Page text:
Cape Town is consistently voted one of the top travel destinations in the world and it’s easy to see why! A vibrant, creative city surrounded by beautiful beaches, mountains and winelands with world class cuisine, diverse cultures and a captivating history to explore.

The world famous Table Mountain anchors the city while the surrounding ocean sets the scene for breathtaking sunsets and provides a cool refreshing breeze. Incredible restaurants with world renowned chefs are regularly popping up in new and interesting neighbourhoods.

Table Mountain & Lion’s Head

For the more active traveler a hike up one of these two mountains is not to be missed. Spot the the Cape Dassie or King Protea, take in panoramic views and feel one with nature. Forgot your walking shoes? The cable car is quick and easy and takes you where you want to be.

Pristine Beaches

Clifton, Camps Bay and Llandudno. These stunning
beaches dot Cape Town’s shoreline and are the place to be on a hot summer’s day. Each has it’s charm while Camp’s Bay has the added bonus of restaurants and cocktail bars right across the street.

Blouberg is great for kitesurfing as well as an excellent view of Table Mountain. And Muizenberg is a great spot
for surf lessons and posing for a picture by the colourful beach houses.

Memorable Restaurants

Cape Town was recently voted number 1 on Condé Nast Traveler’s Best Food Cities in the world. The Test Kitchen in Woodstock is one of the top restaurants in the world. And newcomers like Ash on Shortmarket Street are earning high praise. Wander along Bree and Kloof Street and try and grab a table at either Kloof Street House, Black Sheep or Chef’s Warehouse or make a booking to avoid being disappointed.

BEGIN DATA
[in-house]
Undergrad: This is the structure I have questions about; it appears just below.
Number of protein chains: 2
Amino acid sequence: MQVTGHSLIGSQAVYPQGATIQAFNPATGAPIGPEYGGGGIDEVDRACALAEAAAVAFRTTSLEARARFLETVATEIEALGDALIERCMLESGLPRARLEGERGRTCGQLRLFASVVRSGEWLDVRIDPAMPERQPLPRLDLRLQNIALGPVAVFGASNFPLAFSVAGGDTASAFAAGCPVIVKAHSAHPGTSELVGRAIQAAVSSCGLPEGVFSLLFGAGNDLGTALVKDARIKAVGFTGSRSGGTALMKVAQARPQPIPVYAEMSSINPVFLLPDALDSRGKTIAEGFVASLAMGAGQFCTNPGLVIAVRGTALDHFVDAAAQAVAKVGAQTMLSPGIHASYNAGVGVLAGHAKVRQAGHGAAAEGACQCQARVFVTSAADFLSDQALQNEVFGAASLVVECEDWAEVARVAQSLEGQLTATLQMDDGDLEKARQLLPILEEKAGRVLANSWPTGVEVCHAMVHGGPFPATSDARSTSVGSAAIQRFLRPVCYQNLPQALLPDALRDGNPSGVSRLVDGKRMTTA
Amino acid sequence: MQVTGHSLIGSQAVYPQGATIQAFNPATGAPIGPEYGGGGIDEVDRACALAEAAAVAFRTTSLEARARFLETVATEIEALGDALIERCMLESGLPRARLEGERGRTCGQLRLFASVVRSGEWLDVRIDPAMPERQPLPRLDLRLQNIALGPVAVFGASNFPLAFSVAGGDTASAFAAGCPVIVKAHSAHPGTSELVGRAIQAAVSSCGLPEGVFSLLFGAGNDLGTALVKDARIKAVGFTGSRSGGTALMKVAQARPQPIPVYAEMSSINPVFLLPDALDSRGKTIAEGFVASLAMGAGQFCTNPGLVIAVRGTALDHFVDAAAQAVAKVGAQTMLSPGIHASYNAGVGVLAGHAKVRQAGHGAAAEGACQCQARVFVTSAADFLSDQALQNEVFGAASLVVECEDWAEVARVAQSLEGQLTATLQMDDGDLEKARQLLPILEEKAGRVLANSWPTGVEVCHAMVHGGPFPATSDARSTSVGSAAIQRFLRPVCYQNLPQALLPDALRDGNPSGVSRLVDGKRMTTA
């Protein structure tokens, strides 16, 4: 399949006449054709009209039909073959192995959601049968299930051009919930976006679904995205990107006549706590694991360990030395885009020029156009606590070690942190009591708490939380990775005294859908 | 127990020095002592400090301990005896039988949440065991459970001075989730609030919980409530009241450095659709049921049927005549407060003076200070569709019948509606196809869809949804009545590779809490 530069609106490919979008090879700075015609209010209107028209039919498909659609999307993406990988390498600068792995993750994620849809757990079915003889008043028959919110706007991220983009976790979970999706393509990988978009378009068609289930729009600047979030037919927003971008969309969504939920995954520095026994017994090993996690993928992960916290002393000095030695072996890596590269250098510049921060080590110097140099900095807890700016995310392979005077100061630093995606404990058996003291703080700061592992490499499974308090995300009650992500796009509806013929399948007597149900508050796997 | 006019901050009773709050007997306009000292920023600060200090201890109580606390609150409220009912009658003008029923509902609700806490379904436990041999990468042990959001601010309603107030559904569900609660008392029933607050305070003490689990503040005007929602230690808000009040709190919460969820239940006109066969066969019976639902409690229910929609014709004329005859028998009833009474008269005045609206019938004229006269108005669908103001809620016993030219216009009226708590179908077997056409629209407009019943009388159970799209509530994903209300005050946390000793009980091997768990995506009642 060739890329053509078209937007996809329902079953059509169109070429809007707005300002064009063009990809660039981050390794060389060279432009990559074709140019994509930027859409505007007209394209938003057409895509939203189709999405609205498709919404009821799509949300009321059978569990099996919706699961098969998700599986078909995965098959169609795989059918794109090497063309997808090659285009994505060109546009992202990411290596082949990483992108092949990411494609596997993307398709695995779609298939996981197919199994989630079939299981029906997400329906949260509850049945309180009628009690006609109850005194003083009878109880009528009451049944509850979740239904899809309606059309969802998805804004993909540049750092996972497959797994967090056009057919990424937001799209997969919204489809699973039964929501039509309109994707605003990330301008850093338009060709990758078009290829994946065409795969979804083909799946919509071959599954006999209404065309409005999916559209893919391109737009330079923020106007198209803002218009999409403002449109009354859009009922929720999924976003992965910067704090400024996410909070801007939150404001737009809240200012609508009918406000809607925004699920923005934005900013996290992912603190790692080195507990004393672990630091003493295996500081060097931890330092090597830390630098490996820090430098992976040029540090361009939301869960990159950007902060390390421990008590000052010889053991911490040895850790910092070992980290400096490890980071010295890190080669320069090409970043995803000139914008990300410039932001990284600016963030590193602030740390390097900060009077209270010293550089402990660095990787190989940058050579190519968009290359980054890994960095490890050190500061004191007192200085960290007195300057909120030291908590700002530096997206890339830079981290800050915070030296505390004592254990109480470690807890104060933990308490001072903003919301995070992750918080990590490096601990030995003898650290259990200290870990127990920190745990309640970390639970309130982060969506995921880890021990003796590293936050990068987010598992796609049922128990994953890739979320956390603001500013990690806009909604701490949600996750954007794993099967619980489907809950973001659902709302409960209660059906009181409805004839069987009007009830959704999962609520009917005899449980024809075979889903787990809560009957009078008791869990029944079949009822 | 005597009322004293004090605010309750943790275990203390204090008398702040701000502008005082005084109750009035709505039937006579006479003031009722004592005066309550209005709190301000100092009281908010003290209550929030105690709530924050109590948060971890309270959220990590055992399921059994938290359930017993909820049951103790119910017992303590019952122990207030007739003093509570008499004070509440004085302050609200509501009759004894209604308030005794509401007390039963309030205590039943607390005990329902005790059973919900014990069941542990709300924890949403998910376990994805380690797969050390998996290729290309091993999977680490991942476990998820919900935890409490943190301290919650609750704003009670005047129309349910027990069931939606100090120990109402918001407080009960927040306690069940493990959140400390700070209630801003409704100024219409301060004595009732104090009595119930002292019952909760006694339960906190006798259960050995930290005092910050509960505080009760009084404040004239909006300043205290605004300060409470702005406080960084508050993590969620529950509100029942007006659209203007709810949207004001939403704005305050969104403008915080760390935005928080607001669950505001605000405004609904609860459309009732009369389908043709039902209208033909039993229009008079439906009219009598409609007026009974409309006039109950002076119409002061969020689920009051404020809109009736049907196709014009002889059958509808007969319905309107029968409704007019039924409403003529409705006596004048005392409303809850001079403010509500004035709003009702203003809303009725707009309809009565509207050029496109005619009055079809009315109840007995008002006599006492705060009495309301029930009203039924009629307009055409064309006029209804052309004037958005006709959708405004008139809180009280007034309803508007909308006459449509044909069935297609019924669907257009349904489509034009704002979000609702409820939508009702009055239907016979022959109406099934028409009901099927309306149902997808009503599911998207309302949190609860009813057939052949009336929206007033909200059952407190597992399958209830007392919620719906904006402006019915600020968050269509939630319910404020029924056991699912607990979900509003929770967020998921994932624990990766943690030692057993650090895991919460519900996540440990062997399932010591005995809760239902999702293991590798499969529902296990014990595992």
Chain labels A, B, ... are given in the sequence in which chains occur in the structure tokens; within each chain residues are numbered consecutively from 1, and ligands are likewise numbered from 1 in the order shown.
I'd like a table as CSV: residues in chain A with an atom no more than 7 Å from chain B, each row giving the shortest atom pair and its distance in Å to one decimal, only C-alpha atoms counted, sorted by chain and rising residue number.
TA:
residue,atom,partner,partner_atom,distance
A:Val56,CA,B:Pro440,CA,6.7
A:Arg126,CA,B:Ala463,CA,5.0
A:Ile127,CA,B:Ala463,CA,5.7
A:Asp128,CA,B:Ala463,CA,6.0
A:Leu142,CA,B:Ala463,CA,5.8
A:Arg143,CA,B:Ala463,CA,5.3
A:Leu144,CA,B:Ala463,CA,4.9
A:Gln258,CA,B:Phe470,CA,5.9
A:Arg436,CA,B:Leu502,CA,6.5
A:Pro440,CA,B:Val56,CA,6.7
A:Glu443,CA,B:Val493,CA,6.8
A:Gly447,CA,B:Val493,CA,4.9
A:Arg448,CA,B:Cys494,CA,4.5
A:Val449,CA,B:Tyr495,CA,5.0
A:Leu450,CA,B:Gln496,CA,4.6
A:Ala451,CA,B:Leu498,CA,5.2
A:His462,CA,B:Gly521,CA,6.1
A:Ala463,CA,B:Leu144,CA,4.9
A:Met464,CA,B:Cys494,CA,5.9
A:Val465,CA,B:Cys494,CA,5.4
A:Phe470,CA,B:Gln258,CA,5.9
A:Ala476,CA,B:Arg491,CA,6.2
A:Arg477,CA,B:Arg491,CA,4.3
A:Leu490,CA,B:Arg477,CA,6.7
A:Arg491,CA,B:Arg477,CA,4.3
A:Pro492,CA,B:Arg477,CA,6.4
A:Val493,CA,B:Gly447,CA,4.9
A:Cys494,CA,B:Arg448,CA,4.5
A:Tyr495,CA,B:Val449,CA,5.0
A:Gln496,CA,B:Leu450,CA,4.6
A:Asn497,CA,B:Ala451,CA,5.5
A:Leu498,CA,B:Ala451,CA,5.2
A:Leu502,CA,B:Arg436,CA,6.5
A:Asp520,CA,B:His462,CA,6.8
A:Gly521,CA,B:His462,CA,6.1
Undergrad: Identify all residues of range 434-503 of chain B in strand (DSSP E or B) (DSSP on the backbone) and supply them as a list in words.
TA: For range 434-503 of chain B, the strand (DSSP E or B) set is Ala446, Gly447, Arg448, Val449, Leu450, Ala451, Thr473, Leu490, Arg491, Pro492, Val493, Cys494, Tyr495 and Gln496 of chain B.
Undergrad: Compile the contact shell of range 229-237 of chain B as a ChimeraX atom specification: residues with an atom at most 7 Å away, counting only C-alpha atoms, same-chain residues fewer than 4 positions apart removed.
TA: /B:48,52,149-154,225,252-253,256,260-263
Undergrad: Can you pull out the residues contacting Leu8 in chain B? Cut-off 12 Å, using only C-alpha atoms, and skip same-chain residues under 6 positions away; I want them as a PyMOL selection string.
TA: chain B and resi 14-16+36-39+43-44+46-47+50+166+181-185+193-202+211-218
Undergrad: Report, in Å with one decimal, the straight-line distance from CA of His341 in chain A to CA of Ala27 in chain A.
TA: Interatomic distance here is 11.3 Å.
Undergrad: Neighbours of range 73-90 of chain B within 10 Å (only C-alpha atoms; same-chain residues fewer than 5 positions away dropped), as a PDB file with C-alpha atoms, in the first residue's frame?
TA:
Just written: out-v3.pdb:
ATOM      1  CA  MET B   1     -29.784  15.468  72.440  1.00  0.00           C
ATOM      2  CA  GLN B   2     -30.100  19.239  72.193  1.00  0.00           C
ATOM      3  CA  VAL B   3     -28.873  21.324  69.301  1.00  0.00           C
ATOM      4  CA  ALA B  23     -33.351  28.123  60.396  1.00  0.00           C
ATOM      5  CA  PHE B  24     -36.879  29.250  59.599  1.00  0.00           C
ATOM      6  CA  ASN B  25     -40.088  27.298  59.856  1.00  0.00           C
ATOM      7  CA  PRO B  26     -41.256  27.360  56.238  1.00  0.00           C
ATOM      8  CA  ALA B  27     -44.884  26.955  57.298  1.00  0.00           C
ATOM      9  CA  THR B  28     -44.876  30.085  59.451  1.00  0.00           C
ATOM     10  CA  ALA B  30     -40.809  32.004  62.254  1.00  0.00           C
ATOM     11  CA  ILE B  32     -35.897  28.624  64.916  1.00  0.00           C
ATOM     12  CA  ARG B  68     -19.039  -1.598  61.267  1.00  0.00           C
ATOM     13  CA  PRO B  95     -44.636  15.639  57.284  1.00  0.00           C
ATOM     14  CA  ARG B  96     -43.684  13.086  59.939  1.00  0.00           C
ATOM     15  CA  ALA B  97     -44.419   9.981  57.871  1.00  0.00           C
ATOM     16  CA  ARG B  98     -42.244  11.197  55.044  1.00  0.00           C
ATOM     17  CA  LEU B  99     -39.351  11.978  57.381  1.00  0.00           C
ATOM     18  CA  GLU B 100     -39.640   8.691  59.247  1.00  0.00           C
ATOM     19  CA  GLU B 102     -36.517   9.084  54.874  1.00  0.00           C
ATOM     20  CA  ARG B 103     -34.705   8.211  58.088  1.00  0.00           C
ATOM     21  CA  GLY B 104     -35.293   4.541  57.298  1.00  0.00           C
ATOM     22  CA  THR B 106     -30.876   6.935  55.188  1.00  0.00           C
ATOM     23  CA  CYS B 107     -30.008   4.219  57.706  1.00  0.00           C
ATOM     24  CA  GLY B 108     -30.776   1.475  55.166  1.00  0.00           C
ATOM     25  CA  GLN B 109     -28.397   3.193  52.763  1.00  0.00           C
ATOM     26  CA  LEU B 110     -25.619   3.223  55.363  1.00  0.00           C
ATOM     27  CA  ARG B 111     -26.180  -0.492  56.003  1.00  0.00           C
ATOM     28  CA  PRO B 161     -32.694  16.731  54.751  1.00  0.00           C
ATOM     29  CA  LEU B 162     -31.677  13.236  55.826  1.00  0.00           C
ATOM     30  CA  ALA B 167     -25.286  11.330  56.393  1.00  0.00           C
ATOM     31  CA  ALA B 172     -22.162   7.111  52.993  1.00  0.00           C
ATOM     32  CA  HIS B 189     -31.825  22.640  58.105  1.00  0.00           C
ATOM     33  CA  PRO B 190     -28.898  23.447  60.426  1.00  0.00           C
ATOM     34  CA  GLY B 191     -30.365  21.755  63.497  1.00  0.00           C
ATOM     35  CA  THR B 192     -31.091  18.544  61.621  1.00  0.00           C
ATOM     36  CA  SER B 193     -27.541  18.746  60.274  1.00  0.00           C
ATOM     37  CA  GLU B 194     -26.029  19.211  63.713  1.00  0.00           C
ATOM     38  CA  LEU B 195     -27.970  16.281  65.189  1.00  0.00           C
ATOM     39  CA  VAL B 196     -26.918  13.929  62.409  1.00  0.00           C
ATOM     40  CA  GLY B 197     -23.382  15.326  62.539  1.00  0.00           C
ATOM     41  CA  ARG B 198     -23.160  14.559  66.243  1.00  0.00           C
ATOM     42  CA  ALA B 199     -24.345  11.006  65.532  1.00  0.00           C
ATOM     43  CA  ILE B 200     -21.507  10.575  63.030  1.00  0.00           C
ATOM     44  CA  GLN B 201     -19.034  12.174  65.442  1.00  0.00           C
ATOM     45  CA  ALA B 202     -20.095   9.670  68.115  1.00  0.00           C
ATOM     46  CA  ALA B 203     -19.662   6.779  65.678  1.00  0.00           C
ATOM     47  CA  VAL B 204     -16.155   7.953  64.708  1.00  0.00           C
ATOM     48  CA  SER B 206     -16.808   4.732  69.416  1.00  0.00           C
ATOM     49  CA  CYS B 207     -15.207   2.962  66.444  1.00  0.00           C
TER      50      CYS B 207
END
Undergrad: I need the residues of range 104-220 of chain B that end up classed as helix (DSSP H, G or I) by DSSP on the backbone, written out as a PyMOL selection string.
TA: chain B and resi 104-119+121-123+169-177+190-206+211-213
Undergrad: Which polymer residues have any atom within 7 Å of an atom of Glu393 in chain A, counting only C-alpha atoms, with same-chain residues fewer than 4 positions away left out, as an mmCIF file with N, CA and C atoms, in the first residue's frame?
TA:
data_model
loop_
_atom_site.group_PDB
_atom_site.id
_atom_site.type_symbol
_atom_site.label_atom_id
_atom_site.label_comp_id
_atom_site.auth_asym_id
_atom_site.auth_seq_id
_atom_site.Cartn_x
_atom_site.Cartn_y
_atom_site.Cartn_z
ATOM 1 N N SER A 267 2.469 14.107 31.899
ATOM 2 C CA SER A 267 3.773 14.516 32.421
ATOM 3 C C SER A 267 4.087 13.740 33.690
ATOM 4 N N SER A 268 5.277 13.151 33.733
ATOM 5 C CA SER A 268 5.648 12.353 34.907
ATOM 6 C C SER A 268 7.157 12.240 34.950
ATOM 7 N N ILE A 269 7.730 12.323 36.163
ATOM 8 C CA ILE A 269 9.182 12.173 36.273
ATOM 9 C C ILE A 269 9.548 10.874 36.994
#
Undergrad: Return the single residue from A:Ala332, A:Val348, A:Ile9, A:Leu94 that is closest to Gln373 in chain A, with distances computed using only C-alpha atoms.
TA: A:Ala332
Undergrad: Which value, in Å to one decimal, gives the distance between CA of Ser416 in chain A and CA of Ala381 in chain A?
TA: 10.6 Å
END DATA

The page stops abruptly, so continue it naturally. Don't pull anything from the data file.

The V&A Waterfront is Africa’s most visited tourist destination. Much more than just a shopping centre, it’s a working harbour with various delights. Hop on a sunset cruise, explore the Watershed for local design and craft or luxury goods or catch a dinner and a show.


Marine wildlife such as whales, seals and dolphins can often be spotted from land or viewed up close by boat.Visit Boulder’s Beach to see penguins in their colonies. Thrill seekers can cage dive with Great White sharks.Further out of Cape Town you can spot the Big Five, in addition in its immediate surrounding there are also ostrich farms and cheetah sanctuaries to be visited.

World class wines

Constantia is the closest to Cape Town centre and is home to South Africa’s oldest wine farm. Stellenbosch is wine country and you could spend a week there and still not visit each one. Franschhoek is a charming village established by French Huguenot refugees in the 17th and 18th centuries. Wine lovers are absolutely spoilt for choice, teetotalers aren’t left, out most farms have a restaurant and the scenery is simply gorgeous.


The Portuguese explorer Bartolomeu Dias in 1486 was the first European to reach this area. In the late 16th century, Portuguese, French, Danish, Dutch and English but mainly Portuguese ships regularly stopped over in Table Bay en route to the Indies. Cape Town was colonized by the Dutch and many interesting remnants such as The Castle and the Company’s Gardens show their influence on the Cape.

Robben Island

Unesco declared Robben Island in the Western Cape a World Heritage Site in 1999. Robben Island is located in Table Bay, some 6km west of Bloubergbeach in Cape Town. It has been used as prison and a place where people were isolated, banished and exiled to for nearly 400 years. Nelson Mandela and other freedom fighters were imprison on the Island during Apartheid.